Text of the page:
What have MFNC members done in the past? Find out here in our archive of past field trips and meetings through to the beginning of 2014!
Tue03Nov7:30 pmArnprior Curling Club
Club Meeting: Lord of the Flies
Our Presenter: Dr. Jeff Skevington is a research scientist at the Canadian National Collection of Insects, Arachnids and Nematodes (with Agriculture and Agri-Food Canada) and an Adjunct Professor at Carleton and Guelph Universities.
Including over ten percent of all described animal life on the planet it behooves us as naturalists to know a bit about flies. With 160,000 described species and over 10 times that number undescribed, flies occupy every imaginable ecological niche. The ‘bad’ flies are actually very small in number but have shaped human history and development across the planet. Malaria transmitted by flies has kept parts of Africa, the Orient and South America wild and continues to kill enormous numbers of us annually. In Canada, some areas are off limits for ranching as the stock would be killed by biting flies. But even more than the negatives, flies provide enormous economic advantages for us. Pollinator flies are second only to bees in their role in agriculture and some foods like chocolate are entirely reliant on pollinator flies. Decomposition and sewage treatment are dominated by Diptera (the scientific name for flies). I will take you on a walk through this jungle of diversity and along the way will throw out as many fascinating nature nuggets as possible about this amazing group of animals. What is that swelling on your favourite chipmunk’s groin? Why does Hollywood love flies? How many fruit flies can one female and her progeny produce in a year? What fly species provides one of the biggest tourist attractions in New Zealand? How many mosquito species are there in Canada? How long does it take for flies turn a dump truck full of oranges into compost? How about an animal carcass? What flies provide nuptial gifts to their partners (tips you won’t find on Ashley Maddison!)? How can you identify and learn more about species of animals that form such a staggering diversity? Bring any flies or photos of flies you have been curious to learn about and we will try to figure out what they are. I will even bring some pinned fly specimens from the Canadian National Collection for show and tell before and after the presentation.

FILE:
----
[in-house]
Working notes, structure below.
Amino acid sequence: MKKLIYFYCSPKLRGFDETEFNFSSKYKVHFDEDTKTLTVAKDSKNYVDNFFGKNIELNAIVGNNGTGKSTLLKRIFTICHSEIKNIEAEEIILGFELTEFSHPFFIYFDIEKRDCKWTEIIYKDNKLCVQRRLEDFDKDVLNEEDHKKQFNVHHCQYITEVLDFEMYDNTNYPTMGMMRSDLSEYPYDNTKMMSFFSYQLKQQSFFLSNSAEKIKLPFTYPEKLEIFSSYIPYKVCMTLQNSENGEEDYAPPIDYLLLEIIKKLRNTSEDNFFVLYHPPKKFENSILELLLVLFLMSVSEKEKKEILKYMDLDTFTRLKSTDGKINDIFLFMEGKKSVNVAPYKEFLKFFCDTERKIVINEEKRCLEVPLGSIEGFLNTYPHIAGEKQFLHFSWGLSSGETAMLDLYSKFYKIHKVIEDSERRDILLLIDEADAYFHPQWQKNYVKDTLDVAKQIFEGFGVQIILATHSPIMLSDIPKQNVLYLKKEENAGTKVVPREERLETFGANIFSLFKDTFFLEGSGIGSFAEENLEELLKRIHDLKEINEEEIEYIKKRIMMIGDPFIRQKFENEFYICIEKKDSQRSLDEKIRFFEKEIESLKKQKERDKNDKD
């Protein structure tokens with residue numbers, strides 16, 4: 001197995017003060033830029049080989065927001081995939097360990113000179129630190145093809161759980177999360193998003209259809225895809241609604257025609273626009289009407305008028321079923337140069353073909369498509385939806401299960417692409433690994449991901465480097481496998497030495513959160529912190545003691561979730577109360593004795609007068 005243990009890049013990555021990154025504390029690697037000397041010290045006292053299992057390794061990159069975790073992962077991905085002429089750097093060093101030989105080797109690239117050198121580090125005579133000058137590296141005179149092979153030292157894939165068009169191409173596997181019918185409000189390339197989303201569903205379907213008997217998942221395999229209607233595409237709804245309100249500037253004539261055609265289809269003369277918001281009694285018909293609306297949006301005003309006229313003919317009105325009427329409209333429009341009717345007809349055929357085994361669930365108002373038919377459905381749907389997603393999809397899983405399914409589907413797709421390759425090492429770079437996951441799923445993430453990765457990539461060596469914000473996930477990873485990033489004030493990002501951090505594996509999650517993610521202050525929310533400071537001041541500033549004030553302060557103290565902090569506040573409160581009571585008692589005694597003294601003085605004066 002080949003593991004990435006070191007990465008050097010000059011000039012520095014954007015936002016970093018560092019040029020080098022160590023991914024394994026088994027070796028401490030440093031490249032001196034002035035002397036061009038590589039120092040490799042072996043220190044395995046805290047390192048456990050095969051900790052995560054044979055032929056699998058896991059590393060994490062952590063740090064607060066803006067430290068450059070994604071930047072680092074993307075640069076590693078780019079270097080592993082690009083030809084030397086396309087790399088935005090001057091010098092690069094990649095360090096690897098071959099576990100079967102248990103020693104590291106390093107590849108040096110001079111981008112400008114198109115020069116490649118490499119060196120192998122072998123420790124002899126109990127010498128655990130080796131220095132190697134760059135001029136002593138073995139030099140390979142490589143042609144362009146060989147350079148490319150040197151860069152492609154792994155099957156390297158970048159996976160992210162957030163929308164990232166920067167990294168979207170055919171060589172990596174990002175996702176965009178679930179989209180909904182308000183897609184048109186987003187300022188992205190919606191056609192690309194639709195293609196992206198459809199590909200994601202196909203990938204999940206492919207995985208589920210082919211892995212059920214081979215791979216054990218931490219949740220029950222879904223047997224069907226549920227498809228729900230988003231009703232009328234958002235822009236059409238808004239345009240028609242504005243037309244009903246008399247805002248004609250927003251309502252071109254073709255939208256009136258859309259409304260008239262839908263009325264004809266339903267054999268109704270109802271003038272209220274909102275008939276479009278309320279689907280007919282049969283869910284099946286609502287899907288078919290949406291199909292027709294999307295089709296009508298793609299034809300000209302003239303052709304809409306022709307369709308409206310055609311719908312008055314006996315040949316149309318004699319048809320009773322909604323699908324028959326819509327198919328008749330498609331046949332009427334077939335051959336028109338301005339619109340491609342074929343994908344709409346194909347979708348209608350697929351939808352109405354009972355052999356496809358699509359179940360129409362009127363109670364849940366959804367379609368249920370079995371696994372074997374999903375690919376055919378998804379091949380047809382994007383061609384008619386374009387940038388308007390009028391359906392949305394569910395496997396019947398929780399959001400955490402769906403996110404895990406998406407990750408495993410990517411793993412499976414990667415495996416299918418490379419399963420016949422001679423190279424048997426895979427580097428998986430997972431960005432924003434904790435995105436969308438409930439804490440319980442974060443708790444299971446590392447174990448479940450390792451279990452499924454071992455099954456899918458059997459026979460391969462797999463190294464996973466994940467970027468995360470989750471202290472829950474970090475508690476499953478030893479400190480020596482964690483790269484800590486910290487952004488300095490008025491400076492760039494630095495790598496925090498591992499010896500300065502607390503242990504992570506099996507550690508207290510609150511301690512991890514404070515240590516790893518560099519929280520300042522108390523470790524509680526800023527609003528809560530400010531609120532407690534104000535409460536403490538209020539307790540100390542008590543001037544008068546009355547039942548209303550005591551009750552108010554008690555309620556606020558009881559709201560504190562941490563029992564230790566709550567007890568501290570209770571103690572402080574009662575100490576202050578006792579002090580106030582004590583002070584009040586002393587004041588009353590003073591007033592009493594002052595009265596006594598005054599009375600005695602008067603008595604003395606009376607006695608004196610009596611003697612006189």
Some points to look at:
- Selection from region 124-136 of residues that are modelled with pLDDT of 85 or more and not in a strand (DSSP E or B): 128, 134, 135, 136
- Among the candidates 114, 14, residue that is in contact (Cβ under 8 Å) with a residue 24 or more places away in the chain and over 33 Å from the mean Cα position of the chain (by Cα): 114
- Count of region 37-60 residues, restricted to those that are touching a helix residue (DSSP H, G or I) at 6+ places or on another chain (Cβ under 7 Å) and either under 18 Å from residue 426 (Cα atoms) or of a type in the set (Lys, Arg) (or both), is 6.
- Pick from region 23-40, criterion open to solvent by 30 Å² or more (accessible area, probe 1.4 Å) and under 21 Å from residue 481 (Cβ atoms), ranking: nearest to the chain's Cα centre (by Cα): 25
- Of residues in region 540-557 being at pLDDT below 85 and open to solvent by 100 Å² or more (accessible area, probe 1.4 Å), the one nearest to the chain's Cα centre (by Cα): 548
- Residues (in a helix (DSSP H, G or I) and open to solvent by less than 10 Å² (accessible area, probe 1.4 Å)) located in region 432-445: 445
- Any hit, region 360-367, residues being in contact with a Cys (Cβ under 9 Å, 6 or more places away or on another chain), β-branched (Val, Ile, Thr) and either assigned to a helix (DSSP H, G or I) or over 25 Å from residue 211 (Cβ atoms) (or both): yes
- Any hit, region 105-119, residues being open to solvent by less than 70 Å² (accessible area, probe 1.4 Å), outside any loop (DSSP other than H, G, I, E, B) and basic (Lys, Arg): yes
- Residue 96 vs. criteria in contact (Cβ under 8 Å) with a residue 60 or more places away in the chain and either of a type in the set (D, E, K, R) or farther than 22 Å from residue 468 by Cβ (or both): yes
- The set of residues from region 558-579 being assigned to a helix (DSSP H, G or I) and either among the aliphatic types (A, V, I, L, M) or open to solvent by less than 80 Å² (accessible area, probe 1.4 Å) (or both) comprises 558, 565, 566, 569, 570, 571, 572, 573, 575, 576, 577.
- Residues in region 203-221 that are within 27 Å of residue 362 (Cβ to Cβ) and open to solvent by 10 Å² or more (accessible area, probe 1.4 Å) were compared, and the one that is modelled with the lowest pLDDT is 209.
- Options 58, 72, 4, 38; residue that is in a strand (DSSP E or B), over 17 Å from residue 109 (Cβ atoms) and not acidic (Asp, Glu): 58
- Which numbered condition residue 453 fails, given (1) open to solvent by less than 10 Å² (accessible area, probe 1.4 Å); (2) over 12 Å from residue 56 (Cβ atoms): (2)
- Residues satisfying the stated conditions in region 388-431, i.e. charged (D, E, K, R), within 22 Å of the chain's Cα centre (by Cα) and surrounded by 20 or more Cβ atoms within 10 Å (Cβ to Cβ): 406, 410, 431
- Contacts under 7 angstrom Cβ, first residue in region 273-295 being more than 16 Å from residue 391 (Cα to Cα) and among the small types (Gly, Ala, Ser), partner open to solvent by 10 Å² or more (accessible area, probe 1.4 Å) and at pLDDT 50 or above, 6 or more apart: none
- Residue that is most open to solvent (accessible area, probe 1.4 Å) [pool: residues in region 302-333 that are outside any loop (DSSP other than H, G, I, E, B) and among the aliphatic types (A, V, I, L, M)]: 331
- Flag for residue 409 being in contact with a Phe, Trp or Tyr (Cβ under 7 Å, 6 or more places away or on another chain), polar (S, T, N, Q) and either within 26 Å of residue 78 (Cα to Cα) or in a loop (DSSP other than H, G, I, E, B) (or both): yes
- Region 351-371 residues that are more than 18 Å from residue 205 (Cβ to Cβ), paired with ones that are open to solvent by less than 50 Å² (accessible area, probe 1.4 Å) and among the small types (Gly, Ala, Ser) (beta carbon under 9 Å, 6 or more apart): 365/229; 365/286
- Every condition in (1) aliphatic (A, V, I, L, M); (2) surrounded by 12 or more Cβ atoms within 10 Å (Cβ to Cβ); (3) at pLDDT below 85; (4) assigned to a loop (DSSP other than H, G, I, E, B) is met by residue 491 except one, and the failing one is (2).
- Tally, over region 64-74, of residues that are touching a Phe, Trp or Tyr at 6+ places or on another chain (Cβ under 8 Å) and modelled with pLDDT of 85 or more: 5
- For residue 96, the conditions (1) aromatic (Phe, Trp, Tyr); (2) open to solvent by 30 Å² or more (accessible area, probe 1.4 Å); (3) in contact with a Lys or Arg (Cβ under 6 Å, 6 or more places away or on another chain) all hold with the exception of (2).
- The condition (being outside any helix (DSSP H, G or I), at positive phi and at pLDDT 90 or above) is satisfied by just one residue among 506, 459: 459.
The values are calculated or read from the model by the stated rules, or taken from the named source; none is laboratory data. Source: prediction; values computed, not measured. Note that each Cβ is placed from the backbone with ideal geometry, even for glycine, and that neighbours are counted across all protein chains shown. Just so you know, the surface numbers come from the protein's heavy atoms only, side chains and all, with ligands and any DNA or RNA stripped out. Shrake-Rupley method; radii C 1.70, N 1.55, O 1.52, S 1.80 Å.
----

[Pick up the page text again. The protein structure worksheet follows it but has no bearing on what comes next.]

Jeff has been a research scientist at the Canadian National Collection of Insects, Arachnids and Nematodes (with Agriculture and Agri-Food Canada) since 2003. He is also an adjunct professor at Carleton University and University of Guelph where he has been involved with training and mentoring over 50 of the next generation of biologists and in particular insect systematists. His research specializes on the taxonomy and phylogenetics of flies, in particular flower/hover flies (Syrphidae), big-headed flies (Pipunculidae) and thick-headed flies (Conopidae). Jeff did his training at the University of Guelph with Steve Marshall (MSc) and the University of Queensland with David Yeates (PhD). He has maintained an Australian slant to his research since his time living there. Australia is the true frontier for insect taxonomists as most of the fauna remains to be discovered and described. Jeff has published over 100 research articles, book chapters and books. Many can be downloaded from his website (www.canacoll.org/Diptera/Staff/Skevington/Skevington.htm). Jeff ‘s trajectory as a naturalist started with insects at a very early age, diversified into birds at age 8, and expanded to include all things natural during his undergraduate days as a park naturalist first at Algonquin and then at Pinery. Mentors in the Woodstock and St. Thomas Field-Naturalists’ Clubs had a lot to do with shaping his interests and directions but as with many naturalists, it was his experience in Algonquin that solidified his goals and his work with Steve Marshall that really turned him on to insects.